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How to disable a JButton without it turning gray.  RSS feed

 
Jane Hall
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Hello,

I'm writing a tic tac toe game, and have colored X and 0 icons which should appear on JButtons when the empty button is clicked.

At the moment, I'm using setEnabled(false) to stop a player being able to click a square on the board that has already been used. But that makes the colored X and 0 icons gray.

Is there a way to stop this happening?

Thanks!
 
Steve Luke
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You could remove the ActionListeners, so the button is still enabled, can be pressed, but doesn't do anything.
 
Campbell Ritchie
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Welcome to the Ranch

I shall move this discussion to our GUIs forum.
 
Jane Hall
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Thanks for your response. How would you go about removing them?

I looked up removeActionListener, but it's not clear to me how it's used - could you enlighten me?

I tried adding each the following to my ActionPerformed method:







But neither works. I also tried creating a new method:



But I'm not sure how this could help!

Thanks.



 
Steve Luke
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The removeActionListener is called from the JButton, so you would do:

You need to provide an ActionListener to remove. This might not be too hard - you presumably are in the action listener when you want to do the removal, so you might do this:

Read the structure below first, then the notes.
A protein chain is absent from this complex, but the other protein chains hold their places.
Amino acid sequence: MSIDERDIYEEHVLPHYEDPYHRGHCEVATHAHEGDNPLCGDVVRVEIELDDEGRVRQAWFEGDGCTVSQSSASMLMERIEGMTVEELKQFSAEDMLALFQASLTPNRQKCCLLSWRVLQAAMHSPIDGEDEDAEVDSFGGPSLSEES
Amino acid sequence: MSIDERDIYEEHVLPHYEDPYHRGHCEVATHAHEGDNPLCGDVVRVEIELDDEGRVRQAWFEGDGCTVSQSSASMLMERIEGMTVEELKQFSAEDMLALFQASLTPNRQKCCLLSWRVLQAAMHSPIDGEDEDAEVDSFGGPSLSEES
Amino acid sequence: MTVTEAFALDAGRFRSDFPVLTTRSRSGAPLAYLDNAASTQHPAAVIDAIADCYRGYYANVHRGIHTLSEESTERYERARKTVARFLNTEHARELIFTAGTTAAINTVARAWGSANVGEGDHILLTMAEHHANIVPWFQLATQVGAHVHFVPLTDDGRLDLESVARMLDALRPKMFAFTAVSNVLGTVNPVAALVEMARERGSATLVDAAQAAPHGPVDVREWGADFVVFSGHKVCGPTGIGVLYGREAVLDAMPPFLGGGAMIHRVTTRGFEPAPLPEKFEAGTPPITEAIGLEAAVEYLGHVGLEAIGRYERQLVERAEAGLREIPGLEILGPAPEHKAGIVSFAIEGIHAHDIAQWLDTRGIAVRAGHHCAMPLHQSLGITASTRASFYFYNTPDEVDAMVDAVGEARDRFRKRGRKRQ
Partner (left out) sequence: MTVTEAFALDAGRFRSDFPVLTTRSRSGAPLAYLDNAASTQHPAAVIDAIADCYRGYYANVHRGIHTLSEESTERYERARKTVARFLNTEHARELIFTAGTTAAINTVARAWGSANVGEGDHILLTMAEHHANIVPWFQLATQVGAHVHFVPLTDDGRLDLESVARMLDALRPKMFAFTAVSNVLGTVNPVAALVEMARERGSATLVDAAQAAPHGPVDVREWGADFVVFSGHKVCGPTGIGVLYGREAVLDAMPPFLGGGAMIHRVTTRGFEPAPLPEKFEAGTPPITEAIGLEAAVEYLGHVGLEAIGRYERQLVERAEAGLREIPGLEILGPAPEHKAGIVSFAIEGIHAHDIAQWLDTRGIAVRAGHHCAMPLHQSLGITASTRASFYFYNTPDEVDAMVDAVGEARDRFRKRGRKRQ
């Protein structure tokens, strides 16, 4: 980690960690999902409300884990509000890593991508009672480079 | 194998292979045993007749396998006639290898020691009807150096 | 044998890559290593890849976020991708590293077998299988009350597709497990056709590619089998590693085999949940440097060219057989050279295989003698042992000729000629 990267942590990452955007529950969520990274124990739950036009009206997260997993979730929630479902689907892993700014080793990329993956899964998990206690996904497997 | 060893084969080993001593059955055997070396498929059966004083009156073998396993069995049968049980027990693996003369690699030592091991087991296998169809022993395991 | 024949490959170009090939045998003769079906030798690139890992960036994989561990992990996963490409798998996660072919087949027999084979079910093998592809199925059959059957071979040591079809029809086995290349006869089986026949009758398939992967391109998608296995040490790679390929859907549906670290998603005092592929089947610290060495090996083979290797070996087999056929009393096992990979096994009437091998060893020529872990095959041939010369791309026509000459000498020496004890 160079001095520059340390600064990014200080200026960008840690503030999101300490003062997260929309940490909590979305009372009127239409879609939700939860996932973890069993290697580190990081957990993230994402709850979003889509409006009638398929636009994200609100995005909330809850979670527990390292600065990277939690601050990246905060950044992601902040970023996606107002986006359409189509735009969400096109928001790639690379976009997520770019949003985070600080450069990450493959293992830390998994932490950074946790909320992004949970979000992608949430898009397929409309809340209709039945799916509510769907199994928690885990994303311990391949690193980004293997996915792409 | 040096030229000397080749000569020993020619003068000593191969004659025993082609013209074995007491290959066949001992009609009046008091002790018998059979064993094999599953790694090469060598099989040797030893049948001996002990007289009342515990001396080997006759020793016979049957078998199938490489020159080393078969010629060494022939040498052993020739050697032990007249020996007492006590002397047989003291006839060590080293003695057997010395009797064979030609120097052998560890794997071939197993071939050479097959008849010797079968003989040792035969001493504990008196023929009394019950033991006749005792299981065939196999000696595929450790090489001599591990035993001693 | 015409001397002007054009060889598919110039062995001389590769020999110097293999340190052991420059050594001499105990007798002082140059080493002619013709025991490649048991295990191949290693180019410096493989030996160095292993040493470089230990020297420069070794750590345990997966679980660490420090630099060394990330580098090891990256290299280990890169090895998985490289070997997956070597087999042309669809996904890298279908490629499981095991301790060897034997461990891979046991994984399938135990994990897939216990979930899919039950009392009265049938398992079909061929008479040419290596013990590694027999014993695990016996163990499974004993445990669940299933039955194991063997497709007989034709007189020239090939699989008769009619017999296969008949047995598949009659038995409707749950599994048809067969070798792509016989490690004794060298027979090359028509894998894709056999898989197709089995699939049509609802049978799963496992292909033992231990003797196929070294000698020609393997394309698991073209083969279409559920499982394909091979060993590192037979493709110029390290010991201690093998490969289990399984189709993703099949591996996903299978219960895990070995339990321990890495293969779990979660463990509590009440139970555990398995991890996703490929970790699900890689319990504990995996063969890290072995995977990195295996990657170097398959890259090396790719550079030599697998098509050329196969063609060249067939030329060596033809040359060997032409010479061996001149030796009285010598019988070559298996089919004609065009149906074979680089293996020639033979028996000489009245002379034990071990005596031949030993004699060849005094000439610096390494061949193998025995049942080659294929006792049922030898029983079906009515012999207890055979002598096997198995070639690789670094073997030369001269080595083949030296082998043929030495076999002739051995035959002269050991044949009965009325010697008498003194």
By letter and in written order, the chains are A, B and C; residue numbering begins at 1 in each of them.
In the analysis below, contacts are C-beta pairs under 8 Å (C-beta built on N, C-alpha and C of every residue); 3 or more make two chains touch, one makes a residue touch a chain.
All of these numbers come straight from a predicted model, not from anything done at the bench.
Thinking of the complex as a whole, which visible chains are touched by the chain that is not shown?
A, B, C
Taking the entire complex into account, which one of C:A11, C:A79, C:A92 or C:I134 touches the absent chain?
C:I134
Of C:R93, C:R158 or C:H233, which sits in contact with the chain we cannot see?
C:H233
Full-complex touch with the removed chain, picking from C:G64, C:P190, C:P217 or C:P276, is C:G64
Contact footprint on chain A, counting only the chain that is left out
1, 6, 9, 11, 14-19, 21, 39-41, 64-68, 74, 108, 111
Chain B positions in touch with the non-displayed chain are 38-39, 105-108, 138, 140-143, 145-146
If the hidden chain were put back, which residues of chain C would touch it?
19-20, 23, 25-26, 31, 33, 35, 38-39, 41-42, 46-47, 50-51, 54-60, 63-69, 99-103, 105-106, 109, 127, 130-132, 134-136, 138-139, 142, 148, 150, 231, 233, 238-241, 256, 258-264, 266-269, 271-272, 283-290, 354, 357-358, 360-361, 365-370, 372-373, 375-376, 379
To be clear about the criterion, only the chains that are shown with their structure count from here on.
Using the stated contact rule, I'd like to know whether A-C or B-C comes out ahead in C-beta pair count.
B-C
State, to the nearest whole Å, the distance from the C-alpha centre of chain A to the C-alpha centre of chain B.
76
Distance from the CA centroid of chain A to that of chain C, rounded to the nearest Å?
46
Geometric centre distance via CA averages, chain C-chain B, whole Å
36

Or, if you are someplace else and aren't sure how to get a reference to a particular ActionListener you would brute-force it and remove all listeners:
 
Jane Hall
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Brilliant! I used

 
Campbell Ritchie
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And why are you using addActionListener(this) in the first place? I know you find it in lots of books, and even the Java Tutorials, but it usually means you are departing from object‑oriented design.
 
Steve Luke
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Campbell Ritchie wrote:And why are you using addActionListener(this) in the first place? I know you find it in lots of books, and even the Java Tutorials, but it usually means you are departing from object‑oriented design.


That isn't necessarily what is happening. The user clicks on a button, and it switches from nothing to either an O or X. The OP also wants to disable the action so it can't be switched again. Since when you switch the button's display you are currently 'in' the action listener which does the switching when you want to disable the switching removeActionListener(this) should remove that ability regardless of how your listeners are defined.
 
Campbell Ritchie
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Yes, you are right. Sorry for my mistake.
 
Jane Hall
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Out of interest, why would what you said:

Campbell Ritchie wrote:And why are you using addActionListener(this) in the first place? I know you find it in lots of books, and even the Java Tutorials, but it usually means you are departing from object‑oriented design.


mean (or sometimes mean) a departure from OOP?
 
Campbell Ritchie
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You end up with a long bank of
if (e.getSource() == button1) . . . else if (e.getSource() == button2) ... else if (e.getSource() == radioButton99) . . . blocks
You should attach one listener object (or sometimes more than one) to each control object, each with the action appropriate to that button.
[Another way to do it is with AbstractAction and similar.]
 
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